STATES CHRONICLE – A new idea was implemented by astronomers concerning agriculture on Mars. After astronauts have been complaining about food resources needed for the next space mission, researchers are thinking about growing vegetables and cereals on Mars. Martian earth, covered with volcanic rocks and regolith, is the least auspicious place to cultivate veggies. Toxic chemicals which come from the soil and from the atmosphere would bring more damage to a garden.
Despite all these known facts, experts managed to find a way to make agriculture possible on Mars. They conducted some experiments growing plants in the same conditions like Mars’. Scientists consider that they can face this new challenge.
NASA’s Kenney Space Center together with the Florida Tech Buzz Aldrin Space Institute developed tests prone to simulate agriculture on Mars. Ralph Fritsche, the project manager for the production of food at Kennedy Space Center, stated that the studies conducted in the Martian gardens developed on Earth would be a significant contribution for future researchers concerning agriculture on Mars.
This new experiment is bound to determine astronauts to develop gardens on Mars and to perform tests on plants at the International Space Station. The difference between Martian Earth and Terra earth is that the soil on Mars does not have organic material. It is composed out of smashed volcanic rocks. Trent Smith, the project manager of the Veggie experiment, argued that they are trying to reveal more ways to increase plant production to reach the amount needed in astronauts’ diet.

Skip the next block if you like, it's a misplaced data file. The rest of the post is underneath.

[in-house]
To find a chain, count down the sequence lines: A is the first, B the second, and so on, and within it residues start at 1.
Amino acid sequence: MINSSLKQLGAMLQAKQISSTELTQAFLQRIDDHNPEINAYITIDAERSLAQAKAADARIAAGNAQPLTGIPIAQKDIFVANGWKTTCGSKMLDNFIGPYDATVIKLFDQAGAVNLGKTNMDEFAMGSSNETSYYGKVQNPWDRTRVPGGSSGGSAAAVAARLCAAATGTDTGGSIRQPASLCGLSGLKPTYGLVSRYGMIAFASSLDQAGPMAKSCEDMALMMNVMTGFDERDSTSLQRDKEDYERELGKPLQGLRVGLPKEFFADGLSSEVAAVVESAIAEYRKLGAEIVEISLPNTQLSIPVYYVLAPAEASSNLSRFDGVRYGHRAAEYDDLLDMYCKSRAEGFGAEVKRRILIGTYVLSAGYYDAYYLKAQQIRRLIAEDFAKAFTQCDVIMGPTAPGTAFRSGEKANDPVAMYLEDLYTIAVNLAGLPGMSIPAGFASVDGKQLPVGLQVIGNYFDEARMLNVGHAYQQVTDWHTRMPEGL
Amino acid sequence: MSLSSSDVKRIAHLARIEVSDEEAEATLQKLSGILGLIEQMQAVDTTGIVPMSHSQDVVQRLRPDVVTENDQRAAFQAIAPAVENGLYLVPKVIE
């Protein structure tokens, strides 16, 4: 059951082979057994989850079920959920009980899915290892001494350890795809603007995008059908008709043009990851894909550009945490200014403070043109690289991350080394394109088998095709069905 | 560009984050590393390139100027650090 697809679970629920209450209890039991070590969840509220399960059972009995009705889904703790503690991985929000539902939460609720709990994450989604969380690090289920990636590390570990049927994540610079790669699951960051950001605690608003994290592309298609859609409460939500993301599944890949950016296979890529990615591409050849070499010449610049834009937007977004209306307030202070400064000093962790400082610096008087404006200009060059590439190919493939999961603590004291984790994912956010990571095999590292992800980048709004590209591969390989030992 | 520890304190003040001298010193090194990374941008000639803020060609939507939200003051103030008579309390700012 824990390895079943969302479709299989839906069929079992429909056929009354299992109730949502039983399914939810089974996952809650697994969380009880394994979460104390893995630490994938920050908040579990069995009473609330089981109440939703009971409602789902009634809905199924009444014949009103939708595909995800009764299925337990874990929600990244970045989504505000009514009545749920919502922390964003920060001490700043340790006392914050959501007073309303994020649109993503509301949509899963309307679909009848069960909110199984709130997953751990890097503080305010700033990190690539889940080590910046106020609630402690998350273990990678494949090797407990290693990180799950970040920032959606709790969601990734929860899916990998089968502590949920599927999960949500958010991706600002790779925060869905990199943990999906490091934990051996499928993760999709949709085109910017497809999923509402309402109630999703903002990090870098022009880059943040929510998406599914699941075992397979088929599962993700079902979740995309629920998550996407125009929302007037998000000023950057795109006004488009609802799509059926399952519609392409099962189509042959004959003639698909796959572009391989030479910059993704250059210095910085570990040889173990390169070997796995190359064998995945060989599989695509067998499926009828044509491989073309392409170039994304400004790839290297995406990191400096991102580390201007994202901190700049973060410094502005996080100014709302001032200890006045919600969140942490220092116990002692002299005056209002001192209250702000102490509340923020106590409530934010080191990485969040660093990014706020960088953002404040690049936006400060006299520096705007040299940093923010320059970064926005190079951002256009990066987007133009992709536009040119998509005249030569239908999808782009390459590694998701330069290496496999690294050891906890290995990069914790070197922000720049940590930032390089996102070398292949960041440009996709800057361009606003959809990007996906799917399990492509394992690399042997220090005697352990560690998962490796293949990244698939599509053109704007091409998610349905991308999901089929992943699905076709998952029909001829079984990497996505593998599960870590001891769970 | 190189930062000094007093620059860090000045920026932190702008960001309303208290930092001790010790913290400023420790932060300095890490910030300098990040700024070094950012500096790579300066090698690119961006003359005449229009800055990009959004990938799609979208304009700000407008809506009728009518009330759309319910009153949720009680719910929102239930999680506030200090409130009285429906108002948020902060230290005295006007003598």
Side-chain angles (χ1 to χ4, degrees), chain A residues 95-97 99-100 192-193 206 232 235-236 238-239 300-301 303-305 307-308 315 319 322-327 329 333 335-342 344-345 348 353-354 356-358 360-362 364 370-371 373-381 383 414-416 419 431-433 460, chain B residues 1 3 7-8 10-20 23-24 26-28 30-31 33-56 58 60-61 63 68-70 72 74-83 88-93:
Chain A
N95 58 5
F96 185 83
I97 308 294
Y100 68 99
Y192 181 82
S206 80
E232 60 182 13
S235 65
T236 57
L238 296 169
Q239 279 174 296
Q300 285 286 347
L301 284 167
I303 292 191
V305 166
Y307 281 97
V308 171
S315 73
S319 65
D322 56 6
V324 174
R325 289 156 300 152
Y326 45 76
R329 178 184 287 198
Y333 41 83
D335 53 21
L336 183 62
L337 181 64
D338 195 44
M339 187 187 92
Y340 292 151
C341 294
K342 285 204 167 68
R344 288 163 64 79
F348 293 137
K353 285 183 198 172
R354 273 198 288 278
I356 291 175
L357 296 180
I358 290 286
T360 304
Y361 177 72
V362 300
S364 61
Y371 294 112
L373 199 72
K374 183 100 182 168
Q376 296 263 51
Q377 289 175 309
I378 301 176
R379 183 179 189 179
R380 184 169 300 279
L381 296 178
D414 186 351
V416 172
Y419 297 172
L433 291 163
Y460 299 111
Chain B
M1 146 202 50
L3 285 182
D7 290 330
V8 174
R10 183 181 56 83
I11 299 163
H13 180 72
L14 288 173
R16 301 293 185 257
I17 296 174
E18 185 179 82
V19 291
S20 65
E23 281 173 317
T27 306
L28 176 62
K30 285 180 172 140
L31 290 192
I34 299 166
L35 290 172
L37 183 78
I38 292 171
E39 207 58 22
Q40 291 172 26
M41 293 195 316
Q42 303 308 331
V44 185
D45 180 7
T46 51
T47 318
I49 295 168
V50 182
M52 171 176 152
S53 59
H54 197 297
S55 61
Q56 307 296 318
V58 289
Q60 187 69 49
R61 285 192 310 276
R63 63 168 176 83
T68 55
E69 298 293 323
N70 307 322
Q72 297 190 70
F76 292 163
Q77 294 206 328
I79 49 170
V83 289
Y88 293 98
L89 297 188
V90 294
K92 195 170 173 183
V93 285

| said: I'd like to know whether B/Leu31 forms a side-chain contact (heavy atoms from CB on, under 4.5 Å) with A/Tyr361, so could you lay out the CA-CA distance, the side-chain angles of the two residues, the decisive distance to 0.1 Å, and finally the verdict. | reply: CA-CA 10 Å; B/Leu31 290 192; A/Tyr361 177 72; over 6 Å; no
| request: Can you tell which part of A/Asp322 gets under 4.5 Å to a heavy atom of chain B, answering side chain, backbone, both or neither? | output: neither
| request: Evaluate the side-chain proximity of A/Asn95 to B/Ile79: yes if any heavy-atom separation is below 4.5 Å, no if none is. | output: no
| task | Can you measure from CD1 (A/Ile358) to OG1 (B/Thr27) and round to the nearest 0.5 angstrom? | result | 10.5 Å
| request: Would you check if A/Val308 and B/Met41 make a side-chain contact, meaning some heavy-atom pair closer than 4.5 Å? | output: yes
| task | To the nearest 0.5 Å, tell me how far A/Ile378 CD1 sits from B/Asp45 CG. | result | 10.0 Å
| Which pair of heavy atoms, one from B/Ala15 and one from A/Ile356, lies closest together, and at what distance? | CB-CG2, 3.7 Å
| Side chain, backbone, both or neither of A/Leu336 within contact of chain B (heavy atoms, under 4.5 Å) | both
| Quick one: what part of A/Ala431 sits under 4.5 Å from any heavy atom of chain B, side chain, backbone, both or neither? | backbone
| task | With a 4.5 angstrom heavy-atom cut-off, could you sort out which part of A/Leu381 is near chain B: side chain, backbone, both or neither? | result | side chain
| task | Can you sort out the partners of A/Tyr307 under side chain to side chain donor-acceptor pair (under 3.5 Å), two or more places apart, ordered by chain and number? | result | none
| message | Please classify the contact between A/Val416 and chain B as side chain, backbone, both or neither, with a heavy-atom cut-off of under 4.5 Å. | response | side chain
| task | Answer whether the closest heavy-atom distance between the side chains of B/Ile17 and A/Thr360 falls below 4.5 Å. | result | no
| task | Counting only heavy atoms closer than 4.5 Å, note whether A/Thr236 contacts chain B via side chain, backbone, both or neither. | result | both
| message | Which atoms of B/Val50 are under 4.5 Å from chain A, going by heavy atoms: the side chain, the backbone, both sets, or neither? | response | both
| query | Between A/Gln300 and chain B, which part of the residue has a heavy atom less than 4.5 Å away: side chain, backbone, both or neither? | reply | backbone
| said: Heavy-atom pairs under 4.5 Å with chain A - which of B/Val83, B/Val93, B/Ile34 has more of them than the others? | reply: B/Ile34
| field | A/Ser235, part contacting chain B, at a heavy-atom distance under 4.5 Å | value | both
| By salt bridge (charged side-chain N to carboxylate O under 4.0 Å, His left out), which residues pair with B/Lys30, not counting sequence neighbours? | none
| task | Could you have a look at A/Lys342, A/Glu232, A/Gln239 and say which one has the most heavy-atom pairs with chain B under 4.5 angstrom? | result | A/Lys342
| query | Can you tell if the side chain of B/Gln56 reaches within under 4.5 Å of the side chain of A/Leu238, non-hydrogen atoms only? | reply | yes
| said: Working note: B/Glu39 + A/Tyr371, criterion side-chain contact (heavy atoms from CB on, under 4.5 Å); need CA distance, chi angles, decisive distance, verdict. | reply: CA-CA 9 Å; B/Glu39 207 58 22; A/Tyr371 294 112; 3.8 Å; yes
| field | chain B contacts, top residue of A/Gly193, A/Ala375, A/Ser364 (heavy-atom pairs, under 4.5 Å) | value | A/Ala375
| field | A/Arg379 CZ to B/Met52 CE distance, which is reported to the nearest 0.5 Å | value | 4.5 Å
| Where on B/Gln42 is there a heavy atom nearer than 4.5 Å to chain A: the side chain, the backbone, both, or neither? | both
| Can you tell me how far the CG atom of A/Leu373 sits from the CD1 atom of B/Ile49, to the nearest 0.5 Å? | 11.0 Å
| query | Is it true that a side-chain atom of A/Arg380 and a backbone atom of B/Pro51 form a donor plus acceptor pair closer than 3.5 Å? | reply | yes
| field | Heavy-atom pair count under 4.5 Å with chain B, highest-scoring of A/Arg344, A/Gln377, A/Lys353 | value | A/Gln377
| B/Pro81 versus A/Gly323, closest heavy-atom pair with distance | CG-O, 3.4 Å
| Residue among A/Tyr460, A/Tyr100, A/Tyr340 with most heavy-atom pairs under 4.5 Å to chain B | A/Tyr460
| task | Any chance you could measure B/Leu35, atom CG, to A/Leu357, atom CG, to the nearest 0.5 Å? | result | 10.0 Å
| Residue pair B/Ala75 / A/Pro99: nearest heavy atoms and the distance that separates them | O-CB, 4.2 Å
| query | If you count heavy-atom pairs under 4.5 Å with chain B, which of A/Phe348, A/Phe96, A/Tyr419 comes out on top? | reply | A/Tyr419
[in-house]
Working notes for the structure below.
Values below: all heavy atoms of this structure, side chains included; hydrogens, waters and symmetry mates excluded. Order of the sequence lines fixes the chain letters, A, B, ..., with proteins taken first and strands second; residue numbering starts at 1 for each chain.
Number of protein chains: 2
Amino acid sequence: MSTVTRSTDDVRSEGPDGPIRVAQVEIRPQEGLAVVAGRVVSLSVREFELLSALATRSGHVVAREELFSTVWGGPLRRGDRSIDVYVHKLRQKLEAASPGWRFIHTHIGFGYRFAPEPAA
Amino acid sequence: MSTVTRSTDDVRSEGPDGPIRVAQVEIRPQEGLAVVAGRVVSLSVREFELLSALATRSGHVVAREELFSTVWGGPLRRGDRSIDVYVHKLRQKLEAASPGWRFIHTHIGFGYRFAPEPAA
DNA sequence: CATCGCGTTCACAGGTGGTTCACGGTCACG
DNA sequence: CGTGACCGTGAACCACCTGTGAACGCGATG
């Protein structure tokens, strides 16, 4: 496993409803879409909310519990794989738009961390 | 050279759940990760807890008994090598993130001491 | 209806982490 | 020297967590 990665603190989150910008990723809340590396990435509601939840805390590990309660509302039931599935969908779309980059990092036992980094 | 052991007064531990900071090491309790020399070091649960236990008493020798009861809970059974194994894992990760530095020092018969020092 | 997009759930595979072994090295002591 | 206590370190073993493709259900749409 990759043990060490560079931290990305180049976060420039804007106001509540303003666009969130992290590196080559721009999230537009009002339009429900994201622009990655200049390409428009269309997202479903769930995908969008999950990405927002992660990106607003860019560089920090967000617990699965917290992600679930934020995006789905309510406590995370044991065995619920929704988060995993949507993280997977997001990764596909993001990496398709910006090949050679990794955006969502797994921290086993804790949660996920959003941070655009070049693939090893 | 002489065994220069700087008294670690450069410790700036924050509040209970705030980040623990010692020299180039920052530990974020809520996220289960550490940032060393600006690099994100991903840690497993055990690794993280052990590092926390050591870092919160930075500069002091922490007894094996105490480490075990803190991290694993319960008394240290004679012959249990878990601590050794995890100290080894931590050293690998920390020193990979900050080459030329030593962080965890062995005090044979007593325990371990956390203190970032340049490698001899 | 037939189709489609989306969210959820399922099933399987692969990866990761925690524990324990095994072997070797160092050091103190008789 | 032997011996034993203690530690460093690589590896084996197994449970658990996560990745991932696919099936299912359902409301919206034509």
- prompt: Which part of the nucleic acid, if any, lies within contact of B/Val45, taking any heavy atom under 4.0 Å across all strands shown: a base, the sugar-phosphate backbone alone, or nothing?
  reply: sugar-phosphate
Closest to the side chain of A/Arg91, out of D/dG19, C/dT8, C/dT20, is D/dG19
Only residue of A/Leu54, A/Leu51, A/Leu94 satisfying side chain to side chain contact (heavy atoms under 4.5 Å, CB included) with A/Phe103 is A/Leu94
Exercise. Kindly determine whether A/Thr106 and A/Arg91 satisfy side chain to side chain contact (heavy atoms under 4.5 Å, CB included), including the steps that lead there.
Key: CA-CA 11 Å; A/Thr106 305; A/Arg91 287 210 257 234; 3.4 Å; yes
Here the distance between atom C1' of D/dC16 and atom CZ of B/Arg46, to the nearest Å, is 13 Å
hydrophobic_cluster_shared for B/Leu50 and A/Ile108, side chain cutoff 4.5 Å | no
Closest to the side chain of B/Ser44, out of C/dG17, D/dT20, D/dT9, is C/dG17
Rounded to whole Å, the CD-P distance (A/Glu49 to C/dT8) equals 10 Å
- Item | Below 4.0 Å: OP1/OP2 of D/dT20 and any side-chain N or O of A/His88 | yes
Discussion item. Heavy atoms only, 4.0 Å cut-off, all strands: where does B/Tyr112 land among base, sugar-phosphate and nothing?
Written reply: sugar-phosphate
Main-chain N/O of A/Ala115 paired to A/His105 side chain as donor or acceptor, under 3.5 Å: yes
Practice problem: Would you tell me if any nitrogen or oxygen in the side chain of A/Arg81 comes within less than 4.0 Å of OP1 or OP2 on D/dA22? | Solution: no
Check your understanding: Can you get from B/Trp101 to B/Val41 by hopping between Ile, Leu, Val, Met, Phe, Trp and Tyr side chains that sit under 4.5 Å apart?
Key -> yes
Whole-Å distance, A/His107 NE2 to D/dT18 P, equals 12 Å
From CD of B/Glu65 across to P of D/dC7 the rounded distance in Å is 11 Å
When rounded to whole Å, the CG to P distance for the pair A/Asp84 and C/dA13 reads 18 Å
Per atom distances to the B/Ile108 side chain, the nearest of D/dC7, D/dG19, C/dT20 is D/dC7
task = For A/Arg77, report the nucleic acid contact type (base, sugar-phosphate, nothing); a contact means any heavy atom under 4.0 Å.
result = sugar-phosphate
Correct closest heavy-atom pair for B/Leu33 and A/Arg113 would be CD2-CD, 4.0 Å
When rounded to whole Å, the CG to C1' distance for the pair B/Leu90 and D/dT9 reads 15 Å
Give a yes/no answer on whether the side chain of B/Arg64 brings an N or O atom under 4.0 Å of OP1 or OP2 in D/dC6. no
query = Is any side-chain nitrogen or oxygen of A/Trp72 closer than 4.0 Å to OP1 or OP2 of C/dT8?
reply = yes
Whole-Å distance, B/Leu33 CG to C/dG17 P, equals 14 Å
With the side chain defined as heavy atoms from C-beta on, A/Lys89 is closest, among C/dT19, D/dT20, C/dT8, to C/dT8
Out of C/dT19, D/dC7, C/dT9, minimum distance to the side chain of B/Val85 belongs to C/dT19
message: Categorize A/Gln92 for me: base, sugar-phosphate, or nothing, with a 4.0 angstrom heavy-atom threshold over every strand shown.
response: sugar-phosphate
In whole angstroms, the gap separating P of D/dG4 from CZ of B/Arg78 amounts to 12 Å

The “Martian garden” was developed by first collecting soil from Hawaii which was modified to achieve the same parameters as Mars’ earth. This Hawaiian dirt has helped scientists measure the amount of land needed for crops which are bound to reach an optimal growth.
This first study initiated a partnership between a professor of chemical ecology at Florida Tech, Drew Palmer, and a professor at the College of Aeronautics at Florida Tech, Brooke Wheeler. These two scientists have managed to grow lettuce under certain circumstances. A plant was grown in stimulant, the second one in a stimulant where additional nutrients were immersed, and the third one grew in potting soil. The first lettuce cultivated in the Mars-like earth had the same taste as the other two plants. The difference was the slower germination process and weaker roots. The one that grown in potting soil had stronger roots.
What do you think about this innovative idea? Do you believe it will help astronauts?
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